Journey To The Centre Of The Earth

Rick Wakeman

A & M Records, 1974

REVIEW BY: Herb Hill


"Daddy, what's wrong with the dinosaur?"

In 1975 at the Sydney Myer Concert Bowl in Melbourne Australia 30,000 music fans were treated to an hour and a half of Rick Wakeman in the midst of what many consider his most energetic and productive period. Smack dab in between the 1973 release of The Six Wives Of Henry VIII and the 1975 release of The Myths & Legends Of King Arthur & The Knights Of The Round Table came Journey To The Centre Of The Earth. Touring in support of the Journey album, which was inspired by the Jules Verne book, Wakeman used a full orchestra and a narrator who read passages from the book to enhance the mood for the audience. This performance is definitive "Classical Rock" and someone had the presence of mind to tape it.

1975 is a long way back so as I sat down to watch and listen to the DVD I wondered how it would stand up to the test of time. With rum and Coke in hand and youngest daughter colouring peacefully nearby on the carpet I pushed the play button. Hours later, having rerun the DVD three times, with rum and Coke long drained and daughter now safely ensconced on my lap I had to force myself to get up and not play it for the fourth time. The legs were a little stiff after sitting for so long. Frankly, the music has held up infinitely better than I have.

My youngest daughter is just seven years old, but she has seen Rick Wakeman twice in his latest visit back with the Yes crew. (She sat right in front of him this summer at the Toronto show and loved every minute!) To her, Rick Wakeman is a keyboard player who is part of Yes, is a little older than her dad and occasionally wears great big glasses when looking over sheet music of Yes' later works. But seven years olds are wondrous things. Still young enough to accept seemingly contradictory data without rejecting it out of hand; they have very few preconceived filters. So moving her backwards in time to 1975 through the technological wonder of the DVD is no major accomplishment. Accepting that the young (oh, SO young) man with the very long blond hair and the outrageous cape is the same Rick Wakeman that she saw in Toronto took nothing more than assurance from the old man that this was indeed the same guy.my_heart_sings_the_harmony_web_ad_alt_250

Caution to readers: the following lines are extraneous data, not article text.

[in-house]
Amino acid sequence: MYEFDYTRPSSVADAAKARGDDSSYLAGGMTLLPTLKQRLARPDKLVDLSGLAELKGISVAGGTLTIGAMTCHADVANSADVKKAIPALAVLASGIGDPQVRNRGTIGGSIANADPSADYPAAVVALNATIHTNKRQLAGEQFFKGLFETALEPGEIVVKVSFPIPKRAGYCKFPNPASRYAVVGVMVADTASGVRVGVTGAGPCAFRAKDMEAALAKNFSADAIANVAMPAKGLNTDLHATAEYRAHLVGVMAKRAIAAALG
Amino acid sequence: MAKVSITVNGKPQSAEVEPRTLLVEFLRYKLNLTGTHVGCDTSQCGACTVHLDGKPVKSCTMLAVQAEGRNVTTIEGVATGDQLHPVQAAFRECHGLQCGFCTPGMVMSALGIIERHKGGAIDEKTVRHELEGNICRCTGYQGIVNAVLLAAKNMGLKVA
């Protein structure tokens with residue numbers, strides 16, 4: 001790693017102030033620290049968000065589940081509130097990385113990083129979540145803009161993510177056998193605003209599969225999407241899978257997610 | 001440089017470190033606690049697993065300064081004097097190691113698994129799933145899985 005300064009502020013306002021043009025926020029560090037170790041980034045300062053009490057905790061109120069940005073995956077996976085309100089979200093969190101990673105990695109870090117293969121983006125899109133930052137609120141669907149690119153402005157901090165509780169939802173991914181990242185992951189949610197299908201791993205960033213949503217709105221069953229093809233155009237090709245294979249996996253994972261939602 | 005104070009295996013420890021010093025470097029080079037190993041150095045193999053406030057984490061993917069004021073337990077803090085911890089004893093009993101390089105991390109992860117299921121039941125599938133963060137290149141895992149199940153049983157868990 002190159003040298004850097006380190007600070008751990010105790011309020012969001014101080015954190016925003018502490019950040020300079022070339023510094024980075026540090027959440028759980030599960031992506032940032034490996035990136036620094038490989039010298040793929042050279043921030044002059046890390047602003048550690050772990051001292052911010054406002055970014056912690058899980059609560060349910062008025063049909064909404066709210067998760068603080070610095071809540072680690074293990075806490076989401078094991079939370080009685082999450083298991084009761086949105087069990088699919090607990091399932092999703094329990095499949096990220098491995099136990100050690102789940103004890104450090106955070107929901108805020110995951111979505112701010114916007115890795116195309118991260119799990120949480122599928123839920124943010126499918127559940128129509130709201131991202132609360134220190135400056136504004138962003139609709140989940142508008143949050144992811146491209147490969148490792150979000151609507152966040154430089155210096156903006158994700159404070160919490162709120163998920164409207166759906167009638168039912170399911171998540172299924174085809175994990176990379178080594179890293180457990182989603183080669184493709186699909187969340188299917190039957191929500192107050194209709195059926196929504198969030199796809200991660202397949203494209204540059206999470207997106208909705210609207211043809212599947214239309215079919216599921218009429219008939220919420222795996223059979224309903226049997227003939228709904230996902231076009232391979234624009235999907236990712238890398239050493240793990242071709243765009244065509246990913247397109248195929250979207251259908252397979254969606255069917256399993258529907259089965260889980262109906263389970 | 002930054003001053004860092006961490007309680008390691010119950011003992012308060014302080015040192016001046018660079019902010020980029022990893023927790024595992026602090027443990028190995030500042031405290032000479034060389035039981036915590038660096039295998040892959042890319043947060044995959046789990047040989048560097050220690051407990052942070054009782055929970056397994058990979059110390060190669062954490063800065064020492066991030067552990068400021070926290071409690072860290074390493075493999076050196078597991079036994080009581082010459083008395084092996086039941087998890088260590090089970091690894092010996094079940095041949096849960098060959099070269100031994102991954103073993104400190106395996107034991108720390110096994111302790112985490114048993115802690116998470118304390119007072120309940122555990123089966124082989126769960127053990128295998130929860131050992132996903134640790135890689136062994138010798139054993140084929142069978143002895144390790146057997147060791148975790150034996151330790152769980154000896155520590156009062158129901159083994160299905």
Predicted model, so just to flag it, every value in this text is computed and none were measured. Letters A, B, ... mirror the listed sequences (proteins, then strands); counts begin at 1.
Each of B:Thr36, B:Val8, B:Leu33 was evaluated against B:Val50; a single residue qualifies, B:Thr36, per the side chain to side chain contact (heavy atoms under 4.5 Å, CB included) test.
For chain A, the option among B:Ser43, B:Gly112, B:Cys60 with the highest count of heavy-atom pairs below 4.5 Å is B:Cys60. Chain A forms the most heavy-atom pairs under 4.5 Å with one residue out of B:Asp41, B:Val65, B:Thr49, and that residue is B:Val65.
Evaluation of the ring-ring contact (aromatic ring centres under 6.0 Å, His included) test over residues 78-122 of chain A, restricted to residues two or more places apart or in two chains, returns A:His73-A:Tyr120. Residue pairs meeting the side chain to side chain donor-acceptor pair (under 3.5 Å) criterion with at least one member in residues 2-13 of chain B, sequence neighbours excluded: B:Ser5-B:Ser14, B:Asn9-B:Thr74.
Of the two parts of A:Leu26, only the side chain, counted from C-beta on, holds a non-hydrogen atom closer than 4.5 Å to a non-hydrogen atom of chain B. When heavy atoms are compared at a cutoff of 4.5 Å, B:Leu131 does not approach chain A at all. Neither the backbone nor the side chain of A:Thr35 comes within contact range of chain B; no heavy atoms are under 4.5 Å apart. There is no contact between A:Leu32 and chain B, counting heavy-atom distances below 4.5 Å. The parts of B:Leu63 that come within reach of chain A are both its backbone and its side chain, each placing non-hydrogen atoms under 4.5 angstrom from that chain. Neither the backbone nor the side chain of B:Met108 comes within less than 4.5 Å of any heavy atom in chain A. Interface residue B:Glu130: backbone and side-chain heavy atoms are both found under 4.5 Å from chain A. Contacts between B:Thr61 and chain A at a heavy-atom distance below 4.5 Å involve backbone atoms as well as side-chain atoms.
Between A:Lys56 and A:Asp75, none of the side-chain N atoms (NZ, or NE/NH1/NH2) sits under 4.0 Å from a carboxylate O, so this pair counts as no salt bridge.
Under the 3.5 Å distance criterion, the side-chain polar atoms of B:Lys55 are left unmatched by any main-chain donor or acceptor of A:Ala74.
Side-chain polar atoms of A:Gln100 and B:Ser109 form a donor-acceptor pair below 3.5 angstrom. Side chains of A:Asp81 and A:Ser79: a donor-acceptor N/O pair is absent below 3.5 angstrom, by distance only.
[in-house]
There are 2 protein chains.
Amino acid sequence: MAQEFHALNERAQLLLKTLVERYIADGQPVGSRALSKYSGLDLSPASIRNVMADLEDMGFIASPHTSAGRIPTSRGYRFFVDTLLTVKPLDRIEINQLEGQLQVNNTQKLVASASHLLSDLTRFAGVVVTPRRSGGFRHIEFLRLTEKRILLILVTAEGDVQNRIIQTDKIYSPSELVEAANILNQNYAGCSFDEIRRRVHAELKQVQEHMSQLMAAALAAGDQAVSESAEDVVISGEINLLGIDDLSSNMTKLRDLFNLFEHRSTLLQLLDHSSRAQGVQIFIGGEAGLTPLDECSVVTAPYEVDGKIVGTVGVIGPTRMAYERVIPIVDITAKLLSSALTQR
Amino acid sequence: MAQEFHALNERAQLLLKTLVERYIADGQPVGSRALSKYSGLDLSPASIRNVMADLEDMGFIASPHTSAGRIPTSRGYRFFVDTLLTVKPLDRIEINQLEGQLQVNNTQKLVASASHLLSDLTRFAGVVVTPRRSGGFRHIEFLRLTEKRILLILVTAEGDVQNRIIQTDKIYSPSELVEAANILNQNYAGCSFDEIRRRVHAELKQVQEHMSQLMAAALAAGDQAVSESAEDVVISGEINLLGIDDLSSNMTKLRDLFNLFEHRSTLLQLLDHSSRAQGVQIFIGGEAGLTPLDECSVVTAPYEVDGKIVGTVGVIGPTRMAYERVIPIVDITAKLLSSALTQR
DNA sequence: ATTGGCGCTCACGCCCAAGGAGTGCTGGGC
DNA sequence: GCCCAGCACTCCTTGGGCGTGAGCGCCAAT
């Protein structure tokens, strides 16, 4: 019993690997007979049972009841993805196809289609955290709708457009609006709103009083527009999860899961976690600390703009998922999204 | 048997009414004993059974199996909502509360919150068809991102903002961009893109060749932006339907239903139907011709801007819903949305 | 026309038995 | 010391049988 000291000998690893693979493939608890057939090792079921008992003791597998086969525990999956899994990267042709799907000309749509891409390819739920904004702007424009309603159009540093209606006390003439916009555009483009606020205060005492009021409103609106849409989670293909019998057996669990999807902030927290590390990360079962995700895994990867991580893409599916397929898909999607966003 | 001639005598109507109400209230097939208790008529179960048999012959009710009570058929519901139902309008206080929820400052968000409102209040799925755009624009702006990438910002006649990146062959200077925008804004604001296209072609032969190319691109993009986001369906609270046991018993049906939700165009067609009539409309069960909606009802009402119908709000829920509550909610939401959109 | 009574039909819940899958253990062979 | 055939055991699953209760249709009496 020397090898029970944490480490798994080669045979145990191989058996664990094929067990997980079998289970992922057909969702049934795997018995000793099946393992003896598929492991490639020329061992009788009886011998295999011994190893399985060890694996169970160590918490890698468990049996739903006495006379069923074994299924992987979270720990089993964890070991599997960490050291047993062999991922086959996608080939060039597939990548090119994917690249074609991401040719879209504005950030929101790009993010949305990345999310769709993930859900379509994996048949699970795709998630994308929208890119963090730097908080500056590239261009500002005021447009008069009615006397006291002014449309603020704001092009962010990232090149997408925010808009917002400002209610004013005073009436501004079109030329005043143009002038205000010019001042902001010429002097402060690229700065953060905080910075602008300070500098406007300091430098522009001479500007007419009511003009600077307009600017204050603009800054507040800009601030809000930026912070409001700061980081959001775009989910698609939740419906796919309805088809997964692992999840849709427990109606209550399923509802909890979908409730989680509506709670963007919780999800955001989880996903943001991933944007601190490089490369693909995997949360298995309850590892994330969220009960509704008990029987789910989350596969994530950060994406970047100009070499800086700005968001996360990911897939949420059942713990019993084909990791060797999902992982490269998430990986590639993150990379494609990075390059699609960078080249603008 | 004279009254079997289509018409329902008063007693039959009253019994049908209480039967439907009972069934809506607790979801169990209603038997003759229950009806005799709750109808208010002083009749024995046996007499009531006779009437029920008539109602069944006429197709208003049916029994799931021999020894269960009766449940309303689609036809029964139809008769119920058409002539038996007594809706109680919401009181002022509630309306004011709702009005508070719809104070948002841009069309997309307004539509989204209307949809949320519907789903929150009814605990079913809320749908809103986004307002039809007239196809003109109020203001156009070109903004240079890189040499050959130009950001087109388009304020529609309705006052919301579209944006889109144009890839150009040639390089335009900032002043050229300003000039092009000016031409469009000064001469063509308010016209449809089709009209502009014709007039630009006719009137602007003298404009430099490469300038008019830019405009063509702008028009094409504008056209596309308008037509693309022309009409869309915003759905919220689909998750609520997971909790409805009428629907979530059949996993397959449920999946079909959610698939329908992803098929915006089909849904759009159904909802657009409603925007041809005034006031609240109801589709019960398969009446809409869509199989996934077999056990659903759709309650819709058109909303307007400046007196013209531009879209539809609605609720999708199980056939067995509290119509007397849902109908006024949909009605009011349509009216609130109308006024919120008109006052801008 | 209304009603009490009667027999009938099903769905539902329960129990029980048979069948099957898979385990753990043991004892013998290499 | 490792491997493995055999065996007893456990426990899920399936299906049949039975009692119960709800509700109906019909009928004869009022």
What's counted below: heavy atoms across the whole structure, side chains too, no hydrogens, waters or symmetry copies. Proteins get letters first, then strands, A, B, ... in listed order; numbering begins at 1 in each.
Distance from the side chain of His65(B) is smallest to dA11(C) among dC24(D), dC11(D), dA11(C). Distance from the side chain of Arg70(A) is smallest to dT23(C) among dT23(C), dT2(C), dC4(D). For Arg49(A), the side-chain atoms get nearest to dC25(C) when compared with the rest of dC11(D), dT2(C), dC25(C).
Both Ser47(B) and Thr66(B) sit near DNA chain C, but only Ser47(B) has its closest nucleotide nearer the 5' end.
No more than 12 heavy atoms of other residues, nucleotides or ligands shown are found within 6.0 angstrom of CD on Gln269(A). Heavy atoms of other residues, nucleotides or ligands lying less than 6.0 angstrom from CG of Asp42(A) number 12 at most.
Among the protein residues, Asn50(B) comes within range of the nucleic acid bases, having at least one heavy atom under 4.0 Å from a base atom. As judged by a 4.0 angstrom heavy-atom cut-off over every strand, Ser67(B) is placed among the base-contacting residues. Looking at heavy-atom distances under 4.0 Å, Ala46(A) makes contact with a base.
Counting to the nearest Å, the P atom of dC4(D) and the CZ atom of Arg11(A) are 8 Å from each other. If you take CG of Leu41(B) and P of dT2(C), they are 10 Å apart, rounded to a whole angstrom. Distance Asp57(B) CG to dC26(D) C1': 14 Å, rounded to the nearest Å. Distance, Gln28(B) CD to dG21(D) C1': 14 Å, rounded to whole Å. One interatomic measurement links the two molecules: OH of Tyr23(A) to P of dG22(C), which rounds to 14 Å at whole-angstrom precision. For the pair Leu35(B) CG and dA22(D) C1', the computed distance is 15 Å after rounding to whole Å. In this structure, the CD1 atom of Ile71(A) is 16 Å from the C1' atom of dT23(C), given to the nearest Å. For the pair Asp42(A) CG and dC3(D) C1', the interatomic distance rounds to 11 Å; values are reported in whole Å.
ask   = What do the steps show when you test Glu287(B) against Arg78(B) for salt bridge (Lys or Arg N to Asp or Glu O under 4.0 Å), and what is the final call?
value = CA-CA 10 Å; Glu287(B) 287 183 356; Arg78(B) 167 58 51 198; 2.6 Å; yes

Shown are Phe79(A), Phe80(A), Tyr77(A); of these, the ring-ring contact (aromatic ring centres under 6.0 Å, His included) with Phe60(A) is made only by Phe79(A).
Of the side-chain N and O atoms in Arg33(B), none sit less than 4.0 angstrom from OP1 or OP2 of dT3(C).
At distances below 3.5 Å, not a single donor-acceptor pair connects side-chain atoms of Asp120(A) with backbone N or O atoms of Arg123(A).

So, accepting Wakeman on the screen as Wakeman from Yes was no problem… I wish I could say the same for the dinosaurs. Dinosaurs? Yes, there are dinosaurs in this video….

You see, seven year olds know ALL about dinosaurs. Seven year olds in the year 2002 have seen dinosaurs on TV, dinosaurs in books, dinosaurs in movies and dinosaurs in full motion video on the computer. Dinosaurs to a seven year old are fluid, moving, animate animals. They are not plastic blow-up dolls. But alas, in 1975 blow-up dinosaurs were all we had. The youngster was very confused as to the identity ("That's not a Dinosaur!!"), and purpose ("A special effect??") of the air filled apparition.